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So we find ourselves, our ways of telling unbalanced, trapped inside a runaway narrative, headed for the worst kind of encounter with reality. In such a moment, writers, artists, poets and storytellers of all kinds have a critical role to play.

From The Dark Mountain Manifesto, 2009.

The story of Crunch café is a story of love, of a passion for good food, of the kind of creative ingenuity called for in overwhelmingly mediocre times, and of becoming an integral part of the community in which you find yourselves. It’s also the story of the best big breakfast north of the river.


Mat & Amy tell of how they came to own and run Crunch …

“Well, it began when an Englishman fell in love with both the Melbourne coffee scene and a Melbourne girl while on a one-year working visa from the UK. We had both worked in hospitality for years and we had always enjoyed cooking for people.”

“We used to joke that we would backpack around the world eating as many variations of breakfast as possible and then come back to Melbourne and open a café serving our favourites … Then, surprise! Amy was pregnant with twins and the world tour was put on hold.”


“But we kept our dream in the back of our minds as our kids grew, and then we moved to Thornbury. We eventually found our favourite local café, which was called Crunch, and was owned by a lovely lady called Jen.”

“As time went on, the idea of working for ourselves became more and more attractive and we started to seriously look into setting up or buying a café that would be something like Crunch. After about six months of research we stopped in for a coffee and mentioned to Jen that we were looking to buy a café. She jokingly said, ‘Why don’t you buy this one?’ So we did. And we ended up with something exactly like Crunch.”


Crunch’s infamous big breakfast.

“Our central philosophy is ‘Don’t be a foodie wanker’. We aim to provide an unpretentious space that makes people feel welcome; we make ‘green choices’, prefer to buy and sell local and, where possible, use organic ingredients and support other small businesses. You won’t find multinational-owned drinks in the fridge, but we also know you don’t mess with a human’s need for Vegemite.”

“We make practically everything ourselves – the cakes, muffins, brownies, pies, sausage rolls, sandwiches, jams and chutneys. Alas, we don’t make our own bread, but Pure Bread Bakery in Surrey Hills do such a good job for us. Over the years we’ve experimented with homemade butter, yoghurt, labne, ice cream, sour cream, cottage cheese, sauces, cordials, pesto, pickles, preserved lemons, sun dried tomatoes, activated nuts, sprouting and fermenting.”


A selection of the homemade goodies available on a daily basis at Crunch.

“Basically, getting a raw ingredient and playing with preparation techniques is what excites us. Loads of our customers bring in family recipes or produce from their gardens for us to play with. When you’re given 10 buckets of plums you bet you’ll find 10 ways to use up those plums.”

At the moment Crunch has a delicious salty green chilli paste on offer, alongside their usual range of condiments. This was a simple recipe that Mat came up with after being given a bounty of green chillies from a local garden. Using inspiration from the pots of dried chilli in oil you find on every table in Vietnamese Pho restaurants, Mat created this mellow fresh green version.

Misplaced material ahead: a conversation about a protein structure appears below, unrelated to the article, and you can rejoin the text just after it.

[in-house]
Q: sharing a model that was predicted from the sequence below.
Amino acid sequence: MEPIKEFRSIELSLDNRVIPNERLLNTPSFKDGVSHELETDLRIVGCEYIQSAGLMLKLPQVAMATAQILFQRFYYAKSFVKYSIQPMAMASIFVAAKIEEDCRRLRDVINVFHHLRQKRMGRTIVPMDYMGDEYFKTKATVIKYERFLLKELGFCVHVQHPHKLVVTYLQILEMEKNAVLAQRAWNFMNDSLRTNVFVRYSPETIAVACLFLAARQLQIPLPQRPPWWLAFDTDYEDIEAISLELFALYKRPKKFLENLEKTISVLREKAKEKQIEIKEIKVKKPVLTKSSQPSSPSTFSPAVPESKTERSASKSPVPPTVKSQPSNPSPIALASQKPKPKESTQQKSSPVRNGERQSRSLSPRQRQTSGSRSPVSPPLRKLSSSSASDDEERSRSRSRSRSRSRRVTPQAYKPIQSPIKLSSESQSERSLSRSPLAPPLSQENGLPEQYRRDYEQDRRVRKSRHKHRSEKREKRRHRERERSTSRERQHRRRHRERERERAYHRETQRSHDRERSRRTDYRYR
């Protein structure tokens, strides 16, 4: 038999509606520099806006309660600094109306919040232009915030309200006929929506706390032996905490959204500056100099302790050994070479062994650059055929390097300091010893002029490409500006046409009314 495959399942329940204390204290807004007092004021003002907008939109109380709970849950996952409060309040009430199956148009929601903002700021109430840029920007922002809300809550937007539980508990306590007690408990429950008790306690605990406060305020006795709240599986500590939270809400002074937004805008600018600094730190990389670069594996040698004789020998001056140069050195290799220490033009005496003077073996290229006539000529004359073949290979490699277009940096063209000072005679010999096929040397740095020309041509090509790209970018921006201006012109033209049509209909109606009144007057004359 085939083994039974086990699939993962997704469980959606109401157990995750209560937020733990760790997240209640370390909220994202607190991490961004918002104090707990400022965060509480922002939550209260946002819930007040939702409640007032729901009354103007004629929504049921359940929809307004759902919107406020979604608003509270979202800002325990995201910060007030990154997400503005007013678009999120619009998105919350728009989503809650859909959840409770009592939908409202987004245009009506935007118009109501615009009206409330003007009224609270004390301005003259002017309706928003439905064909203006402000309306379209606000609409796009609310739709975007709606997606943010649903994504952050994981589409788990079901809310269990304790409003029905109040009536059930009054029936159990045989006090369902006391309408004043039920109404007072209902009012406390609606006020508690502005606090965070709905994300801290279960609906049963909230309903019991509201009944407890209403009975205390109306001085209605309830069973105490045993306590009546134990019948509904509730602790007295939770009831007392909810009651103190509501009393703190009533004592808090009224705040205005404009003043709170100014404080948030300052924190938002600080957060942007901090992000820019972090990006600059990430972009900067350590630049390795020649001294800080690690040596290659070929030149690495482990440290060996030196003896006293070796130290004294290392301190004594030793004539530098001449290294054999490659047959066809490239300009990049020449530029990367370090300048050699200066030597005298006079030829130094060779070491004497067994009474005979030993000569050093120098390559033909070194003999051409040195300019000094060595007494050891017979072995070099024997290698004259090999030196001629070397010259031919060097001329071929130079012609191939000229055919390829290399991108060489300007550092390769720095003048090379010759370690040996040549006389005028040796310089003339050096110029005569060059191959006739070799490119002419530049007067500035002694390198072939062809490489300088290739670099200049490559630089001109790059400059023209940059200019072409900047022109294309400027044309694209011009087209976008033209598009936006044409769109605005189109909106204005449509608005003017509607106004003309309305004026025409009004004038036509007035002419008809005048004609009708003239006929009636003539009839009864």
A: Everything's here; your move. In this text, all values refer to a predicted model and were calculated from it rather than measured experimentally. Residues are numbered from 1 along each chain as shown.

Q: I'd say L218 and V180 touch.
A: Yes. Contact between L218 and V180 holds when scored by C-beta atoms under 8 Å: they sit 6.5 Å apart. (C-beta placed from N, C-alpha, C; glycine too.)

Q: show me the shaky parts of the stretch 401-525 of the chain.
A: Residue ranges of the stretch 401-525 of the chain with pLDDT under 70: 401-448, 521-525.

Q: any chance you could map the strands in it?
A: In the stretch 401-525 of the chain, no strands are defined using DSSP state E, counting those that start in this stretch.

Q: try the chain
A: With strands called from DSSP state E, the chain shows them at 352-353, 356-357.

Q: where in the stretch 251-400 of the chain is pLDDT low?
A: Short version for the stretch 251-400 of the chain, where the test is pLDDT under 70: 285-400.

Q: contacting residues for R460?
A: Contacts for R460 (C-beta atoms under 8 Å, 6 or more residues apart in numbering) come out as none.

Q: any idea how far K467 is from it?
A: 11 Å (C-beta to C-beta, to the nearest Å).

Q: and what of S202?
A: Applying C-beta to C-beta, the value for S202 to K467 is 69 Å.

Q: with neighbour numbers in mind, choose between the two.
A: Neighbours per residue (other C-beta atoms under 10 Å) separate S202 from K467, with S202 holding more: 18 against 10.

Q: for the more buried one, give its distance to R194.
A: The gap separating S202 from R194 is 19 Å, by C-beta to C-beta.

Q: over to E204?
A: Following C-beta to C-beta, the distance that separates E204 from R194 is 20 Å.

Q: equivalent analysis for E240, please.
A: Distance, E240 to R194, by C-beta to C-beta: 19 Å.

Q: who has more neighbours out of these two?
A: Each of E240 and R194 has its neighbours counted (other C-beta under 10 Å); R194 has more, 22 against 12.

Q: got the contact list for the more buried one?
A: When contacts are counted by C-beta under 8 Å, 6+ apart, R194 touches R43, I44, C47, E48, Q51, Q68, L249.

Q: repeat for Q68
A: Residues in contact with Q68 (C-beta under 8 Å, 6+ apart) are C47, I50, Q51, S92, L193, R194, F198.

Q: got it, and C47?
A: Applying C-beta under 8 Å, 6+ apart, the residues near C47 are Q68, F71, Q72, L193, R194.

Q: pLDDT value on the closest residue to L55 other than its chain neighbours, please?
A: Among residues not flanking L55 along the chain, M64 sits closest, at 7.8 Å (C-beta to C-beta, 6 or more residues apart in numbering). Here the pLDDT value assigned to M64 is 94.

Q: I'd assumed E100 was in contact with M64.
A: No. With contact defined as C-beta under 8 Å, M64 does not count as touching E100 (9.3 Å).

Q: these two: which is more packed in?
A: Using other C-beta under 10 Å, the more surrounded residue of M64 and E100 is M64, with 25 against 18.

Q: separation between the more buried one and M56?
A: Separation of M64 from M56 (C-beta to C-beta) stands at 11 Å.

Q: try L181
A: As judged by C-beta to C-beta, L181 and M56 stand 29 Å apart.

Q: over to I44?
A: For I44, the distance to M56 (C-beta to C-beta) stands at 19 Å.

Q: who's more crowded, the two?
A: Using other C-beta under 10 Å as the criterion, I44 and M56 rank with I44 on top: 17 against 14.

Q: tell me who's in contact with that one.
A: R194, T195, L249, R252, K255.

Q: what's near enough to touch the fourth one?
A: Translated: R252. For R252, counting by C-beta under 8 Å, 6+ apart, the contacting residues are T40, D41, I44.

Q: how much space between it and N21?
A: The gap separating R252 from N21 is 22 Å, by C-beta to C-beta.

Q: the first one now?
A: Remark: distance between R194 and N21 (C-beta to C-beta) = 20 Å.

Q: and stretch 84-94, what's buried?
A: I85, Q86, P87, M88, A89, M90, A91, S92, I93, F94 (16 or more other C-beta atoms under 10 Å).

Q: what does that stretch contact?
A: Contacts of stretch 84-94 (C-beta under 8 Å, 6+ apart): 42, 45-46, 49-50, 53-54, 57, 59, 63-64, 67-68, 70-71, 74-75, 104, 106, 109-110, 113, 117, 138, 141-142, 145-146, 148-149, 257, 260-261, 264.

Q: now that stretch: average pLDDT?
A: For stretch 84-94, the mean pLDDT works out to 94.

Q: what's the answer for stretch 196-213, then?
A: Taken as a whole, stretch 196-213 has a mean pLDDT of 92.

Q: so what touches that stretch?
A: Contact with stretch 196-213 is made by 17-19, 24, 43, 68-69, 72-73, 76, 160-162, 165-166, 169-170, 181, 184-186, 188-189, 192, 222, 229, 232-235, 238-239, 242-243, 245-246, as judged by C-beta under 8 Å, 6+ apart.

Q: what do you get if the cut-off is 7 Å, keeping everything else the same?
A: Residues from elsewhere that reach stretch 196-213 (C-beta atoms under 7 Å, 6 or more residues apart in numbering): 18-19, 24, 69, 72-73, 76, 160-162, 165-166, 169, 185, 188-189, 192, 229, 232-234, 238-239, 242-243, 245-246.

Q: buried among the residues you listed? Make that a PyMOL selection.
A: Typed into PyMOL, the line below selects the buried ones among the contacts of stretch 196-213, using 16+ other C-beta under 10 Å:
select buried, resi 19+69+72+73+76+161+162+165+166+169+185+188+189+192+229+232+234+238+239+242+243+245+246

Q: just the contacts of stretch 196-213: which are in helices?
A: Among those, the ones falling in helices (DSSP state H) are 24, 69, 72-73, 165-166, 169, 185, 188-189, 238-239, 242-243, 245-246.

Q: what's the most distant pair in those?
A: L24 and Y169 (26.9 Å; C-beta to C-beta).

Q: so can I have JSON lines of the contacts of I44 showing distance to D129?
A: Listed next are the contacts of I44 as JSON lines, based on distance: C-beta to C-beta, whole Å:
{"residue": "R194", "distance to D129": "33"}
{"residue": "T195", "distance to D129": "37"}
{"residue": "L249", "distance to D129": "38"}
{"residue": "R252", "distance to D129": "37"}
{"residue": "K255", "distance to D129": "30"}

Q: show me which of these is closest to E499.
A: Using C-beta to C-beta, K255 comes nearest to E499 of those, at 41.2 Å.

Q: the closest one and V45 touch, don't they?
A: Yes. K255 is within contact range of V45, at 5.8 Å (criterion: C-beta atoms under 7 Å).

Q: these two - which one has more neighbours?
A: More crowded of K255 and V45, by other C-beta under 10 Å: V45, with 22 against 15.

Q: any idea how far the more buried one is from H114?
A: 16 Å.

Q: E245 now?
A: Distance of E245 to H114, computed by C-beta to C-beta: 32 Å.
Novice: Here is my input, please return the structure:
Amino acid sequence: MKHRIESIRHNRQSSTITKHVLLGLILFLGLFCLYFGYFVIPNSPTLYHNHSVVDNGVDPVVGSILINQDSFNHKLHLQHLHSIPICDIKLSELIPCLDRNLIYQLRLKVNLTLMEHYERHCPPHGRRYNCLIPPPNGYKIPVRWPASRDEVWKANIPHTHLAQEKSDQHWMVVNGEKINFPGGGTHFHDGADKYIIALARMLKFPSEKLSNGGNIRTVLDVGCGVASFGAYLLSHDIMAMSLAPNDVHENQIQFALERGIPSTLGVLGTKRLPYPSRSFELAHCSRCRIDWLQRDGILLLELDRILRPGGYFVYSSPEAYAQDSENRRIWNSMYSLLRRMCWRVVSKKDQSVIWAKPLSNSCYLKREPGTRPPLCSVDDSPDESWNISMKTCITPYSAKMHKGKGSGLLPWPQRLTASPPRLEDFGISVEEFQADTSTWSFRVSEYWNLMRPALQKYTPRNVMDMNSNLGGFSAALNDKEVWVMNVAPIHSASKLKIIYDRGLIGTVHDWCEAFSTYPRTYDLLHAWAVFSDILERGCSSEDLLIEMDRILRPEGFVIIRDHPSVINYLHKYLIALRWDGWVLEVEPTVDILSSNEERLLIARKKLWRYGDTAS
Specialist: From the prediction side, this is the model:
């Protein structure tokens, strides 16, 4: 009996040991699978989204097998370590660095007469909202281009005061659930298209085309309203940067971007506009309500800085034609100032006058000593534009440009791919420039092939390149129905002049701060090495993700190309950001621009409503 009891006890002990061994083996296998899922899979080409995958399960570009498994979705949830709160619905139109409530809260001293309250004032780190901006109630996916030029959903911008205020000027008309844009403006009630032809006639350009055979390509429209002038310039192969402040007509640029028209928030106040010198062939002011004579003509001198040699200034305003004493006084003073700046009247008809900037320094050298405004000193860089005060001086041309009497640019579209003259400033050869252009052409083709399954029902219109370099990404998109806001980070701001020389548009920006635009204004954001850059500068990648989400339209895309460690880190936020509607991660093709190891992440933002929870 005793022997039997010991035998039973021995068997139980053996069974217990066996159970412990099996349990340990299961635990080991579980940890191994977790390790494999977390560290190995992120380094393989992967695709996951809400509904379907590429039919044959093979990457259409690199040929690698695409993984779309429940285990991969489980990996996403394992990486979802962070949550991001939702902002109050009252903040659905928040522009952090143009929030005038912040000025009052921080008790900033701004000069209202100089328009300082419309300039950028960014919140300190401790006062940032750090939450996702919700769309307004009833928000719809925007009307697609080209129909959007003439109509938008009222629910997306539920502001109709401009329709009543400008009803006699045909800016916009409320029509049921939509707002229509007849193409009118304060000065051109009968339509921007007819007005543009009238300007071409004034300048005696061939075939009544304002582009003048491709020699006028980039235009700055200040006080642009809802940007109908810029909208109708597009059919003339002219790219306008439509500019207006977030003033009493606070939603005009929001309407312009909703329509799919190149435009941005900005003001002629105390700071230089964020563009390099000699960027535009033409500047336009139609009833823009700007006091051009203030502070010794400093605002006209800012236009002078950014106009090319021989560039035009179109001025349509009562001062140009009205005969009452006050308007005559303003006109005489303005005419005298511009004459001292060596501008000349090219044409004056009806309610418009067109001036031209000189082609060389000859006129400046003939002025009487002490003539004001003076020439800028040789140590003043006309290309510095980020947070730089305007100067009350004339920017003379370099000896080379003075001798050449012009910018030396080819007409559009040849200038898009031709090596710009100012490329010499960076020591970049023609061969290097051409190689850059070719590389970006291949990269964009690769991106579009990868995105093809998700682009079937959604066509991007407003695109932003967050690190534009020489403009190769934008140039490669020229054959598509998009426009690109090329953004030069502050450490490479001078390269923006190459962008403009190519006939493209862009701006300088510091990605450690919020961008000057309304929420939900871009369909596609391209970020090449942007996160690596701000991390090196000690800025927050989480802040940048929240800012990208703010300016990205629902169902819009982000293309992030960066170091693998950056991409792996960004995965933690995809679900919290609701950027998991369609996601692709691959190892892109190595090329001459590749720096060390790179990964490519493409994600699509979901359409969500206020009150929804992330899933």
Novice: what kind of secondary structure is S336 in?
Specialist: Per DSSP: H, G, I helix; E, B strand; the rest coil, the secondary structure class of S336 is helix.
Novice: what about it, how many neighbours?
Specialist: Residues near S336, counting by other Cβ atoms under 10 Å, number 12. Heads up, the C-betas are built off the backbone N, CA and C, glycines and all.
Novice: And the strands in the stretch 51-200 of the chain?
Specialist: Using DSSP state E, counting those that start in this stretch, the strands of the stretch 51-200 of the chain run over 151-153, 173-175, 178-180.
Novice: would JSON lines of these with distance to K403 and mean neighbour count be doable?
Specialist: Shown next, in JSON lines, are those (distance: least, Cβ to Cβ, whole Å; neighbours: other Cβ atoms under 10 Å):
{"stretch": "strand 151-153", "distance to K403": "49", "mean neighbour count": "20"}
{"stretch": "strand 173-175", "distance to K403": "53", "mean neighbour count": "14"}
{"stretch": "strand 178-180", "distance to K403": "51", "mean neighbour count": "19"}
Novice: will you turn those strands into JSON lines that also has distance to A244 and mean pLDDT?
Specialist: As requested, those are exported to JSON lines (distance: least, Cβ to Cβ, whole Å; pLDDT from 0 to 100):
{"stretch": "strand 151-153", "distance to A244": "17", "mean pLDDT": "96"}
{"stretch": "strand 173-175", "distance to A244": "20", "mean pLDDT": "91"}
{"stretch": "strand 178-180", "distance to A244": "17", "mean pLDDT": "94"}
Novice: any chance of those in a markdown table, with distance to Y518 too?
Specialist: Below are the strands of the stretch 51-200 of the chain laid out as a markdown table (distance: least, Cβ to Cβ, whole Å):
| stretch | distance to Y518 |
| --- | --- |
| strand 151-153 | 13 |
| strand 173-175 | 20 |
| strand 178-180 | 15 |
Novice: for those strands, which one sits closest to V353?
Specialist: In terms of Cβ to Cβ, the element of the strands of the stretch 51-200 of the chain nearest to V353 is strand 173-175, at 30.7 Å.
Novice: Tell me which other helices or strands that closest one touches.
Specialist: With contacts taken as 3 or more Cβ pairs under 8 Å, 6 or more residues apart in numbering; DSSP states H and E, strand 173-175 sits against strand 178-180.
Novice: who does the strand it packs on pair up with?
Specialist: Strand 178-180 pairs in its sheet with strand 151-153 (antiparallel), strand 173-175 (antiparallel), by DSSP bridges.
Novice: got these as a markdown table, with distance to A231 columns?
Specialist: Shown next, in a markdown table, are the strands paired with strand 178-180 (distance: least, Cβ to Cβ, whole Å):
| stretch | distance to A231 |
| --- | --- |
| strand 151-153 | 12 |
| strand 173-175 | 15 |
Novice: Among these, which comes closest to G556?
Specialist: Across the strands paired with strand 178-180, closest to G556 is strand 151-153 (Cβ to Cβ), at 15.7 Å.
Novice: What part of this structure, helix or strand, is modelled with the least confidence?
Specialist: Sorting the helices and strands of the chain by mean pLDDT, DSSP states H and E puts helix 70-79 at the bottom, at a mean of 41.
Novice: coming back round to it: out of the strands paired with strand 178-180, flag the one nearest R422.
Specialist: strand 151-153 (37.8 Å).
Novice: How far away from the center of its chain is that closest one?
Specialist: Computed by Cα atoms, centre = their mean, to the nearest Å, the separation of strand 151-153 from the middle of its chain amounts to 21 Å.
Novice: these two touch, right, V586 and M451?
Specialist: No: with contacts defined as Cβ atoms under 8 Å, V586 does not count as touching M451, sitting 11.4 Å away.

Mat’s Salty Green Chilli Paste

  • 1/2 kilo green chillies, washed and with stalks removed (remove some of seeds if you are concerned about the heat; they can be added back in if you decide you want more towards the end).
  • 1 cup olive oil/sunflower oil/your preferred oil (whatever oil really, as its flavour will be lost to the chillies).
  • 2 tablespoons good salt (iodised table salt is not recommended).
  • 2 tablespoons coriander seeds
  • 1 tablespoon fennel seeds
  • 1 teaspoon dried lime (optional)
  • Juice of 1 or 2 lemons

Lightly toast the coriander and fennel. Grind the spices and salt in a mortar and pestle or spice grinder. Put everything into a food processor and blend to a chunky paste. Put in sterilised jars and top up with some oil to cover.


Mat in his adopted garden, across the road from Crunch.

Mat describes the events that led to him adopting a nearby garden: “One of our neighbours had a large garden with raised beds that she wasn’t using. She was telling another customer what a shame it was to have such wasted space and it was suggested that she contact us, as we were pining for our own green space to grow veggies.”

“The beds were lined with weed mat and pebbles and required lots of preparation. We set up compost bins and got some worms in to help the soil along and put in some small rainwater barrels to get us through the worst of summer. Most things are grown from seed and a relative with an organic farm was very generous with some seedlings to get us started. Fresh herbs are now in abundance and we supplement our salad mix with lots of our own leaves.”

“Two months ago we planted 300 cloves of garlic, so in a few months we’ll have loads of it. Over the last year we’ve planted over 40 different varieties of edible plants and veggies. The best thing was watching the amount of rubbish in our bins drop by 50% and knowing what was once going to landfill is now enriching the soil. We’ve had to get creative with our slug control and we now dry and crush our eggshells and sprinkle them around EVERYWHERE! We lost our entire crop of Mizuna lettuce, thanks to those slimey suckers.”


Mat’s homegrown Cos and Mache lettuce salad with Radicchio leaf, celery, walnuts and Gorgonzola. A simple wholegrain mustard vinegarette is used sparingly with marigold petals for colour.

The feature image shows a bit of Crunch stuff, including a jar of Mat’s Salty Green Chilli Paste.